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Old 05-20-2009, 08:46 AM
 
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I was going thru some back issues of Discover magazine and i read this article about what we don't know about ''nothing'' as i though i'd post it for those interested. For example ....

#1 states that 74% of the universe is nothing or dark energy, 22% is dark matter we cannot see and 4% is baryonic matter or stuff we can see.

or

#4 That even nothing has weight.The energy in dark matter is equivilent to a tiny mass as there is about one pound of dark energy in a cube of empty space 250,000 miles on each side.

Enjoy .

20 Things You Didn't Know About... Nothing - DISCOVER Magazine
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Old 05-20-2009, 09:21 PM
 
Location: Detroit Downriver
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I liked # 20 In other words, nothing could be the key to the theory of everything.

And I might add, it only takes two integers, 0 and 1 which represent nothing and something, to communicate any message regardless of its complexity; A color, an image, a moving image, a moving image with sound, a 3 dimensional moving image with sound or a simple LED on/off indicator.
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Old 05-21-2009, 08:27 AM
 
Location: Universal City, Texas
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I know nothing about that!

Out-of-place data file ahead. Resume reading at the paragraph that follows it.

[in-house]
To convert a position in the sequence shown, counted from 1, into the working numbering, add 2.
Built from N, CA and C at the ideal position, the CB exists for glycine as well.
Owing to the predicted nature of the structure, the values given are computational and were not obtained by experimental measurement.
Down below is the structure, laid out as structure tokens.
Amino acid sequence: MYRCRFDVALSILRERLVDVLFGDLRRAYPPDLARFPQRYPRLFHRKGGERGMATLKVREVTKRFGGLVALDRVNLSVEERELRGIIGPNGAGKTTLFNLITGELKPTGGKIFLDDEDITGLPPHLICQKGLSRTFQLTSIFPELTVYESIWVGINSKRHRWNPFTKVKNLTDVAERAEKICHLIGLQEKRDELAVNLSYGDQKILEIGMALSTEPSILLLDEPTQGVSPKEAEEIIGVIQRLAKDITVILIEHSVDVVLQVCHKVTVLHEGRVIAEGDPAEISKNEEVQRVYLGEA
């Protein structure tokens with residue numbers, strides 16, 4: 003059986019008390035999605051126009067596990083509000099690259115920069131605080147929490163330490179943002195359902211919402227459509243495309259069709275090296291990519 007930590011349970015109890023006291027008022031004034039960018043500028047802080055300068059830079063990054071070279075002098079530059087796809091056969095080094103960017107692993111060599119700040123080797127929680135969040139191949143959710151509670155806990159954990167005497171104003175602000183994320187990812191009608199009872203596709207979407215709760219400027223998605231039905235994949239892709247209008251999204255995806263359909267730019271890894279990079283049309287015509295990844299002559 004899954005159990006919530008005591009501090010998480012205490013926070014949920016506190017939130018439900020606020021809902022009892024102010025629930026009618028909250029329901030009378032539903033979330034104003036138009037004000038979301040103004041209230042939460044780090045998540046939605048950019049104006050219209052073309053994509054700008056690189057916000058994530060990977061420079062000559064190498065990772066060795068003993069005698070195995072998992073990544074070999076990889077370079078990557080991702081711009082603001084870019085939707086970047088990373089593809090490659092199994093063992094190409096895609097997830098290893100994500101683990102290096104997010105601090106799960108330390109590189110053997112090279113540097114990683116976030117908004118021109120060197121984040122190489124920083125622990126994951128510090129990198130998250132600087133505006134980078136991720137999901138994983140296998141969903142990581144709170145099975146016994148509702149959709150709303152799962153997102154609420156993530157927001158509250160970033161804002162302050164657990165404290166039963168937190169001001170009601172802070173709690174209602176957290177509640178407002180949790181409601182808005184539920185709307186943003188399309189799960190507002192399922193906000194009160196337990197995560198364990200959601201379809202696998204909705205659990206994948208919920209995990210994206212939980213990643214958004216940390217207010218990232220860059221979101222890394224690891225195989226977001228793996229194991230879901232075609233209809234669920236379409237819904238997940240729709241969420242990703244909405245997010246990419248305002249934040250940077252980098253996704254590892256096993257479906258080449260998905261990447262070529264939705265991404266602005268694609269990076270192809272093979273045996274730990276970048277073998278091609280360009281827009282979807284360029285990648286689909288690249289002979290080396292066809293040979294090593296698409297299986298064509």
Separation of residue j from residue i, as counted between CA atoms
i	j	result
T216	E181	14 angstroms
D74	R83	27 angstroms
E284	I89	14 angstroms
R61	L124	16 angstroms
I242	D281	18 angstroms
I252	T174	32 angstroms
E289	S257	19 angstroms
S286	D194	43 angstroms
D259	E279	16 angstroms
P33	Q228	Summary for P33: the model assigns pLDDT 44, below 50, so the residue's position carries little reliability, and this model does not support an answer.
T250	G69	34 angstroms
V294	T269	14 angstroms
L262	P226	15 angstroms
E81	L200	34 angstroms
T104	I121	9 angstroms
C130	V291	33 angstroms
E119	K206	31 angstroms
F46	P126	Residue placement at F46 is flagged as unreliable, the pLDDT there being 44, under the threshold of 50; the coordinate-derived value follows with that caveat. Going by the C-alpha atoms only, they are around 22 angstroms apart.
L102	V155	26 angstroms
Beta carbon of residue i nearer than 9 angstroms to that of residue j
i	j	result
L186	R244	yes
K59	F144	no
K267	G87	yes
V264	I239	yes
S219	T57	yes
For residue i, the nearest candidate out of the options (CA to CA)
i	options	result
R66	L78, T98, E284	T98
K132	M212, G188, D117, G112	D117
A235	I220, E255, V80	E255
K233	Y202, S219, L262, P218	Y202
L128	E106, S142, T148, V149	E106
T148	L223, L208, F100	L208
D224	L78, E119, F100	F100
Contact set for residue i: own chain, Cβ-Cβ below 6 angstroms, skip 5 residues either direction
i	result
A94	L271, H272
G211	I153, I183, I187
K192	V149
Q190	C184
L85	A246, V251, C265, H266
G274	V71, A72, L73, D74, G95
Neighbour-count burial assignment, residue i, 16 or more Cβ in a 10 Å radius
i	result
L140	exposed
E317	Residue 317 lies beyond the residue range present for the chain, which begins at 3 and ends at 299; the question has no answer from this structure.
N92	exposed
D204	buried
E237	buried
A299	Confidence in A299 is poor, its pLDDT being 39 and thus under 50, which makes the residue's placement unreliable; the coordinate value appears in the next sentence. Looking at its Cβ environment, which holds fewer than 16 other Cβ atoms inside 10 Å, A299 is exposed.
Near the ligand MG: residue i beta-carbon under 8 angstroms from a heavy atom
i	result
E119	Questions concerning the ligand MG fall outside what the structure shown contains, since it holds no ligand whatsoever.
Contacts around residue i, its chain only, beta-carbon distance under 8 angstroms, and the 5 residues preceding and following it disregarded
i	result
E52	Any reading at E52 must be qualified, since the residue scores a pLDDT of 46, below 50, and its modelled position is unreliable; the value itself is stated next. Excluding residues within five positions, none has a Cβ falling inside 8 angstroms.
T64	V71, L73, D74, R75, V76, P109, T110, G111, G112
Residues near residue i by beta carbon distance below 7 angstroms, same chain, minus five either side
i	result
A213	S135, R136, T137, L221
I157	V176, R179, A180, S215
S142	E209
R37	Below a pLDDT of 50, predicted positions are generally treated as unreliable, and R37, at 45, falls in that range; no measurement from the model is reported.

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Old 05-21-2009, 10:35 AM
 
Location: Maryland not Murlin
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Quote:
Originally Posted by Bull Winkus View Post
I liked # 20 In other words, nothing could be the key to the theory of everything.
Isn't this the premise of Seinfeld?
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Old 05-21-2009, 10:40 AM
 
Location: Maryland not Murlin
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Lo and behold....#6. I'm magic!
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Old 05-21-2009, 10:43 AM
 
Location: Detroit Downriver
620 posts, read 1,825,325 times
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The Language of Computers

It's the digital age. All digital communication is in ones and zeros.

The telegraph was a semi digital device. It sent messages by using on and off, but the coding was in the time pattern relationships between short and long on's.